Paper ID: | 1591 |
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Title: | From Stochastic Planning to Marginal MAP |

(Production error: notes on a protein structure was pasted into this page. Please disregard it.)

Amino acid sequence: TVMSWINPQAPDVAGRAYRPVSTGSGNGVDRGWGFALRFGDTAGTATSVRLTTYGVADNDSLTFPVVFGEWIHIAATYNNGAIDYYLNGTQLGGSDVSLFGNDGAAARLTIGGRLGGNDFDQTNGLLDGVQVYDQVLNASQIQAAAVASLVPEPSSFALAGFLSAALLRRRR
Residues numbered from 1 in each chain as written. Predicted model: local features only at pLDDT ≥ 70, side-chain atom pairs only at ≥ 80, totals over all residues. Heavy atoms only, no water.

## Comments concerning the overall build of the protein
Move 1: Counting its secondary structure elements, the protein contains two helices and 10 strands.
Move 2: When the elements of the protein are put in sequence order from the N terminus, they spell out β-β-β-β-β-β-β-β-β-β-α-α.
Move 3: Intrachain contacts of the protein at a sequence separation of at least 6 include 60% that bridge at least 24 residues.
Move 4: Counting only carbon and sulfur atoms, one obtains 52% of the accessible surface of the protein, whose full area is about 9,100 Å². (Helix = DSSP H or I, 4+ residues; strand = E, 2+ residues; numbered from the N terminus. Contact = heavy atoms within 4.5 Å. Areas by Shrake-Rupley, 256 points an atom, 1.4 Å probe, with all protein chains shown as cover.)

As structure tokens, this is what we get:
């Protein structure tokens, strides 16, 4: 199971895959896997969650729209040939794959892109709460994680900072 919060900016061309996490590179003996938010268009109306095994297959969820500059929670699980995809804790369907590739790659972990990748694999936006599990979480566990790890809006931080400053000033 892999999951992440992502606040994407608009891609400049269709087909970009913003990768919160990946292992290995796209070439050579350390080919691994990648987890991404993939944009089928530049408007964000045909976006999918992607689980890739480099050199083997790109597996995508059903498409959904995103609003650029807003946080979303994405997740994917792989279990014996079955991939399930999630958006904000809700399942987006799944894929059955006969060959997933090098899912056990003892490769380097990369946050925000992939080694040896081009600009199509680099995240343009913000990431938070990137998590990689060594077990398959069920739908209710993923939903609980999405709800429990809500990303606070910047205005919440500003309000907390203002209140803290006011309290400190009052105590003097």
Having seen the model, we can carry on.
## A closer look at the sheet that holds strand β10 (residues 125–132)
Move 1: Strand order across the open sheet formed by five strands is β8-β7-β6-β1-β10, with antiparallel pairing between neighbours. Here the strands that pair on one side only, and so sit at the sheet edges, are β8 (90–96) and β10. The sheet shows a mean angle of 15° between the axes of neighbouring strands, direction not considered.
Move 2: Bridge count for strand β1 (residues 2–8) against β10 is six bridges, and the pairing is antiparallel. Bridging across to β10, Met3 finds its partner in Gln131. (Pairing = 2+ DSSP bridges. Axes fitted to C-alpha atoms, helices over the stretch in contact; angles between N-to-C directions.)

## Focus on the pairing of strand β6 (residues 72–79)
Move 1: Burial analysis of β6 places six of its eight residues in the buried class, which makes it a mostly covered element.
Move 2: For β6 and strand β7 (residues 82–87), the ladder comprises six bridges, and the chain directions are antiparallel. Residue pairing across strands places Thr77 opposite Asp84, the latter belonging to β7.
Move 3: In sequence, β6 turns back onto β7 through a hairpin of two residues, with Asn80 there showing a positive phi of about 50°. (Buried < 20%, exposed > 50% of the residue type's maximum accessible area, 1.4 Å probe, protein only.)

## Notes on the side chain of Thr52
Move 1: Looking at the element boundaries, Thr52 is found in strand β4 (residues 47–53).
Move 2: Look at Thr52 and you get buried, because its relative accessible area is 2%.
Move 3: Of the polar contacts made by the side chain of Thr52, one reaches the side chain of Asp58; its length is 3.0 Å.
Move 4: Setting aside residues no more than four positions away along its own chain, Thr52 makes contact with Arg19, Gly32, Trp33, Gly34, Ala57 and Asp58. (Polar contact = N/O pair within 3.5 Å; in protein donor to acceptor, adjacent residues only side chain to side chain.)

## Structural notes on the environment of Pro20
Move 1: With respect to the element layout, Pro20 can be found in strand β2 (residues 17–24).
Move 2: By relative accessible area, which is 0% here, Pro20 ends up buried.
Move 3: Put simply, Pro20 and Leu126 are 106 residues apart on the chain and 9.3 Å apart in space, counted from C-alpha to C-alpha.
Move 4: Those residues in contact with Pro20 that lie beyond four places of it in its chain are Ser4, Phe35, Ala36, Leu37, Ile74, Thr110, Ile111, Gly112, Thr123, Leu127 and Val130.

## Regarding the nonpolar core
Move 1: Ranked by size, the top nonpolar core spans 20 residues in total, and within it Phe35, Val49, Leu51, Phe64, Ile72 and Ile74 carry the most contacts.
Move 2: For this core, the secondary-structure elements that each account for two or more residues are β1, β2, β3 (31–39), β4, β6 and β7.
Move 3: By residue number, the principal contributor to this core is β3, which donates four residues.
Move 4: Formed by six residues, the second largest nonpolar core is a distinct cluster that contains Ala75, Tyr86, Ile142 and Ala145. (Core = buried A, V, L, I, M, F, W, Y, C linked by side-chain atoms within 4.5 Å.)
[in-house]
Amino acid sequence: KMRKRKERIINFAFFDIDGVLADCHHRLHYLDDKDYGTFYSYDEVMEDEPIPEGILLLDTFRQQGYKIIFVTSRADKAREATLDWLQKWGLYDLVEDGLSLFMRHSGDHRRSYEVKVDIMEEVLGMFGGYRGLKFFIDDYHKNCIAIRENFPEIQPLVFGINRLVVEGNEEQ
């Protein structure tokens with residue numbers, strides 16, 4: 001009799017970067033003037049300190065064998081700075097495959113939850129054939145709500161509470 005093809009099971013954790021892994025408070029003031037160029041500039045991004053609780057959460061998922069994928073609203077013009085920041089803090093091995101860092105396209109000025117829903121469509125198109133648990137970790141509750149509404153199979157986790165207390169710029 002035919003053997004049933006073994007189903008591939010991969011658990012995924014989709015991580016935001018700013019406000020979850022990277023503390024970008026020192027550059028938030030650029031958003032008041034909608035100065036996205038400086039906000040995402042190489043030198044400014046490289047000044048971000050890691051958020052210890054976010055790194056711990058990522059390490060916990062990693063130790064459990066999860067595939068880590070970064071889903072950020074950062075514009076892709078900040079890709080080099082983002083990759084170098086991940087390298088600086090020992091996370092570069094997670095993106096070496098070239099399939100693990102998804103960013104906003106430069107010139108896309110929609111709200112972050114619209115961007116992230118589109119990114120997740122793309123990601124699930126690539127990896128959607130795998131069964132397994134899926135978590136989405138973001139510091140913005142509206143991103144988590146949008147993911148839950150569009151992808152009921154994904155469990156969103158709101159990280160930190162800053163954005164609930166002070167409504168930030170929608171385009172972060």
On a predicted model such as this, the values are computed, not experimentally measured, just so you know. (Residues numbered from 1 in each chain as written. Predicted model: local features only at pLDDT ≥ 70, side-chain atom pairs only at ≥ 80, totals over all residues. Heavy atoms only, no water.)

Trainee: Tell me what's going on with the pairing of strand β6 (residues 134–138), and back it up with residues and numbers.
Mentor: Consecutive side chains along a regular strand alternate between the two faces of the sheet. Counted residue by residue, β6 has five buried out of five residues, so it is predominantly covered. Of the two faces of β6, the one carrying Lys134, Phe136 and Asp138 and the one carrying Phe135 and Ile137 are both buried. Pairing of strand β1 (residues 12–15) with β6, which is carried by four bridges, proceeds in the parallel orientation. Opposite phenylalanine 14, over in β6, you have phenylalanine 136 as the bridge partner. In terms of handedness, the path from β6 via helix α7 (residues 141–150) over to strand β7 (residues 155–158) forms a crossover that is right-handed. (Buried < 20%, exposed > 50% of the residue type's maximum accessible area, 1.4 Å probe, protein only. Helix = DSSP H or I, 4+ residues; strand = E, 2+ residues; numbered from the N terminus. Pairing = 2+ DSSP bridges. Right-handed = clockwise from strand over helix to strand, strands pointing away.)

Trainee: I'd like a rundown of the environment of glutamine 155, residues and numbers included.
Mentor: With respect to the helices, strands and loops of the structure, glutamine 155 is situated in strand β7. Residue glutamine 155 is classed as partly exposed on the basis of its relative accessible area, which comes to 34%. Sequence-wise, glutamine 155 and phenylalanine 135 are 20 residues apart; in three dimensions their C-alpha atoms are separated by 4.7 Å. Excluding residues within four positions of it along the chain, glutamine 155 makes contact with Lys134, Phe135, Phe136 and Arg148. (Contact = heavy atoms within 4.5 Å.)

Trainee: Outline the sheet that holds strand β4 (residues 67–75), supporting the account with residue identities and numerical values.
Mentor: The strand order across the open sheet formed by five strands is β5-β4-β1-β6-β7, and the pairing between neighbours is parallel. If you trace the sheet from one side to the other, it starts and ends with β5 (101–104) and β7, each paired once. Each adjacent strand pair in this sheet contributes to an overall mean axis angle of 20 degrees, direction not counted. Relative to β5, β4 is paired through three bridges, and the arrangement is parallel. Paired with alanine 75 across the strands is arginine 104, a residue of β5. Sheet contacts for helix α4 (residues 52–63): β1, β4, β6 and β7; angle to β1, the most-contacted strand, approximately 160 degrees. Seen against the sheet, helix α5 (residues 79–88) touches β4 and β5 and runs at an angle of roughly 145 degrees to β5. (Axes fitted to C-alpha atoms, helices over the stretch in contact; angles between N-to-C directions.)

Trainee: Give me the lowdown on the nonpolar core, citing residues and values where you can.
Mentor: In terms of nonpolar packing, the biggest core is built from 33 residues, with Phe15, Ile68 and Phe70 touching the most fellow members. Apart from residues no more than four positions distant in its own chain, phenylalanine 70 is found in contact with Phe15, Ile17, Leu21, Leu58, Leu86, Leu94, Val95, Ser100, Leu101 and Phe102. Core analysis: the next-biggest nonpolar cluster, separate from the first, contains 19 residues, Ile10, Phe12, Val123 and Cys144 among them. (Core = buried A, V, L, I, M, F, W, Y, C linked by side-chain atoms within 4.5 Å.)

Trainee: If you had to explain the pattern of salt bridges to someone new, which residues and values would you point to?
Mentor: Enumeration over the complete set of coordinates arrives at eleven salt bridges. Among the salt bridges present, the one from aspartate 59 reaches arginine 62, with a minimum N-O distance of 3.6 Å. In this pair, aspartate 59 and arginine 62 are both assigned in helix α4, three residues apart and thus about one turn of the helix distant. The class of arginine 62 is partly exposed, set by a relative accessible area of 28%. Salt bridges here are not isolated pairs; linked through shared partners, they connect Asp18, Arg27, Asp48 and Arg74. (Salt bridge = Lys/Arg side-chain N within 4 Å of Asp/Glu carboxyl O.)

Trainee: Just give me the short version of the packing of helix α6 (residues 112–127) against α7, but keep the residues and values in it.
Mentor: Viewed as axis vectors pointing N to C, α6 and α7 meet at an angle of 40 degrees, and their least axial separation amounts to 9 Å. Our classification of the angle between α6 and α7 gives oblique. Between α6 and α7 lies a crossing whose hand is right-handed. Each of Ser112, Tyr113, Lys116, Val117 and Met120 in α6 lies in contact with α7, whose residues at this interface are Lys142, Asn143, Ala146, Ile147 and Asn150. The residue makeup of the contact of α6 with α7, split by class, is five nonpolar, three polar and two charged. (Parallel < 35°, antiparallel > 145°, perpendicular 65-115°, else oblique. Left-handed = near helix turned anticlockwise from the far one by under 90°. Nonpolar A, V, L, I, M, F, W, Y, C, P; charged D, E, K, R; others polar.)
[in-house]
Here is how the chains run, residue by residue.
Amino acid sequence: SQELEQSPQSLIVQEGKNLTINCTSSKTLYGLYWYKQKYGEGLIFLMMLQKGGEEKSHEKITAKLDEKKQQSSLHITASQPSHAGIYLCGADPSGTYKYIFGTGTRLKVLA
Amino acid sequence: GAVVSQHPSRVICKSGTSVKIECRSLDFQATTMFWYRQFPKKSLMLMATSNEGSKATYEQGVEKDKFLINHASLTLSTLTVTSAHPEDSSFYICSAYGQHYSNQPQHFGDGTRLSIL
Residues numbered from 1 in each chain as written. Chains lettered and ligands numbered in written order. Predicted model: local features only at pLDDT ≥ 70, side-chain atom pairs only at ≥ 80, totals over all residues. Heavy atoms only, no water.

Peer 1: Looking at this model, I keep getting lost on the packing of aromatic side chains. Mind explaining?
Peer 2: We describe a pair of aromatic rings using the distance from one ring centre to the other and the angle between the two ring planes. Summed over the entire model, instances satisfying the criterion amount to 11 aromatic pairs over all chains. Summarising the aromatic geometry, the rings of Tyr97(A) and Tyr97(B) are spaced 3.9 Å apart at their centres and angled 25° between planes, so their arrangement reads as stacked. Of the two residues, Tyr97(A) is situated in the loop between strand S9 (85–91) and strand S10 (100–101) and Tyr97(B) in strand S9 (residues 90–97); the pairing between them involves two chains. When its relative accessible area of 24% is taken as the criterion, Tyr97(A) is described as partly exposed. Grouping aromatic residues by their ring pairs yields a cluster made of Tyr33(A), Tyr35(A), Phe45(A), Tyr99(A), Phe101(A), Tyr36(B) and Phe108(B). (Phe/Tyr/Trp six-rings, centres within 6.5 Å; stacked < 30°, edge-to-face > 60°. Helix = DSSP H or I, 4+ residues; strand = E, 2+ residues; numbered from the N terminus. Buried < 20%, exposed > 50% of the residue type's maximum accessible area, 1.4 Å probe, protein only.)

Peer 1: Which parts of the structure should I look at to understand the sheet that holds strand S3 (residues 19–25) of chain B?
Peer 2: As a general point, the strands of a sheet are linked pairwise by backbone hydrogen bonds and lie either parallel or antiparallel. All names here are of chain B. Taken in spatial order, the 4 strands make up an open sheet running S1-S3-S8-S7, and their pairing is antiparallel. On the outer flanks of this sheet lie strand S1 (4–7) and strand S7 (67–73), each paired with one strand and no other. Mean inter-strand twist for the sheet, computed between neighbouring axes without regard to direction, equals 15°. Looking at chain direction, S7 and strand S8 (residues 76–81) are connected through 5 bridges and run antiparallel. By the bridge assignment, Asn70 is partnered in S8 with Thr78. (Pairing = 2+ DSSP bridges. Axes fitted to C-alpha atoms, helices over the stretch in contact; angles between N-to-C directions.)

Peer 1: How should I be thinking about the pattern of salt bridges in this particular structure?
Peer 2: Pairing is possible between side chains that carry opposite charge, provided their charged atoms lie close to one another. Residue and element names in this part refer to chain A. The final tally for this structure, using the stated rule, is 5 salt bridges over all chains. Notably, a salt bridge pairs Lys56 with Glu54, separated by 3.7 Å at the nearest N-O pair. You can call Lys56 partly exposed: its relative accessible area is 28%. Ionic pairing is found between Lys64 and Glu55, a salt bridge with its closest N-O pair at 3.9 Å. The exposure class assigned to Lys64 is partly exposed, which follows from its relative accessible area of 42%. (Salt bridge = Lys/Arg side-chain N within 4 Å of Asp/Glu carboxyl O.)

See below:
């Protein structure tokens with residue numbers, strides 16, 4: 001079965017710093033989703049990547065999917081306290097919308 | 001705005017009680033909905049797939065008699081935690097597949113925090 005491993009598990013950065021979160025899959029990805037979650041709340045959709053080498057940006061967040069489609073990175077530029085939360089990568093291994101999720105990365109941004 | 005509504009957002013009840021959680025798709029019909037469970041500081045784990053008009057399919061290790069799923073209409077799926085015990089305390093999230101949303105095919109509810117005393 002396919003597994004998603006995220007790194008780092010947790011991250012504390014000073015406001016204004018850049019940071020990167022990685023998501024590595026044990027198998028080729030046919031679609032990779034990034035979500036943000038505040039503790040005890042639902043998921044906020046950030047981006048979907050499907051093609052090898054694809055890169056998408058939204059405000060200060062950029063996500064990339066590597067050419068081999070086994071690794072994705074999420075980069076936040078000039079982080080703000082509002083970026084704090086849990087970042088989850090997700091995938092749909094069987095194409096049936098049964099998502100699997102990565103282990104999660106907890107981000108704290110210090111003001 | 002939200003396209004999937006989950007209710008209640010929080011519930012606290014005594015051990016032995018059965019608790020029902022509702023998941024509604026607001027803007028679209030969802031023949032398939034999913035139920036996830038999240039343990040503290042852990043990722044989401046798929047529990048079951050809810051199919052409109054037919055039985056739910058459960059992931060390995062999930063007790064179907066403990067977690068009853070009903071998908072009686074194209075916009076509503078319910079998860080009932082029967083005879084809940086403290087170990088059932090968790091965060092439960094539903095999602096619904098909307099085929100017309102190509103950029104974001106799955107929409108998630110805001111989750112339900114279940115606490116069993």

The paper revisits the SOGBOFA heuristic planning algorithm. It shows that SOGBOFA can be viewed as running belief propagation conditions on the actions. Based on this, a novel Marginal MAP (MMAP) solver is presented. The idea is to reduce the MMAP problem to maximum expected utility such that SOGBOFA can be employed for solving the problem. Overall, the direction of using algebraic expressions in planning is of great interest. Moreover, the present paper is the first, to my knowledge, that tackles MMAP using algebraic computations, at least the way presented. However, the paper is missing some related approaches. For instance, Martin Mladenov, Vaishak Belle, Kristian Kersting: The Symbolic Interior Point Method. AAAI 2017: 1199-1205 also makes use of algebraic computations for planning problem. Moreover, interior point solvers have been used (within) MMAP approaches. While not quite there, it is very much related and should be discussed. Also, the authors should clarify the connection to H. Cui and R. Khardon, Lifted Stochastic Planning, Belief Propagation and Marginal MAP, The AAAI-18 Workshop on Planning and Inference, held with the AAAI Conference on Artificial Intelligence (AAAI), 2018 While indeed the NIPS 2018 policy allows resubmissions of workshop papers, this only holds for non-archival workshops. AAAI workshops often have proceedings hosted by AAAI Press. As far as I see it, the present paper goes significantly beyond that paper. In any case, the main contribution, namely the reduction to MMAP to MEU in combination with SOGBOFA is interesting. It is triggered by a known reduction. However, the known reduction had to be modified in a non-trivial way in order to apply to SOGBOFA. This variant of the reduction is interesting, and the empirical results show that the resulting AGS is a valid alternative to SOTA, in particular on hard summation problems. I really enjoyed reading the paper and expect that it will receive a lot of attention.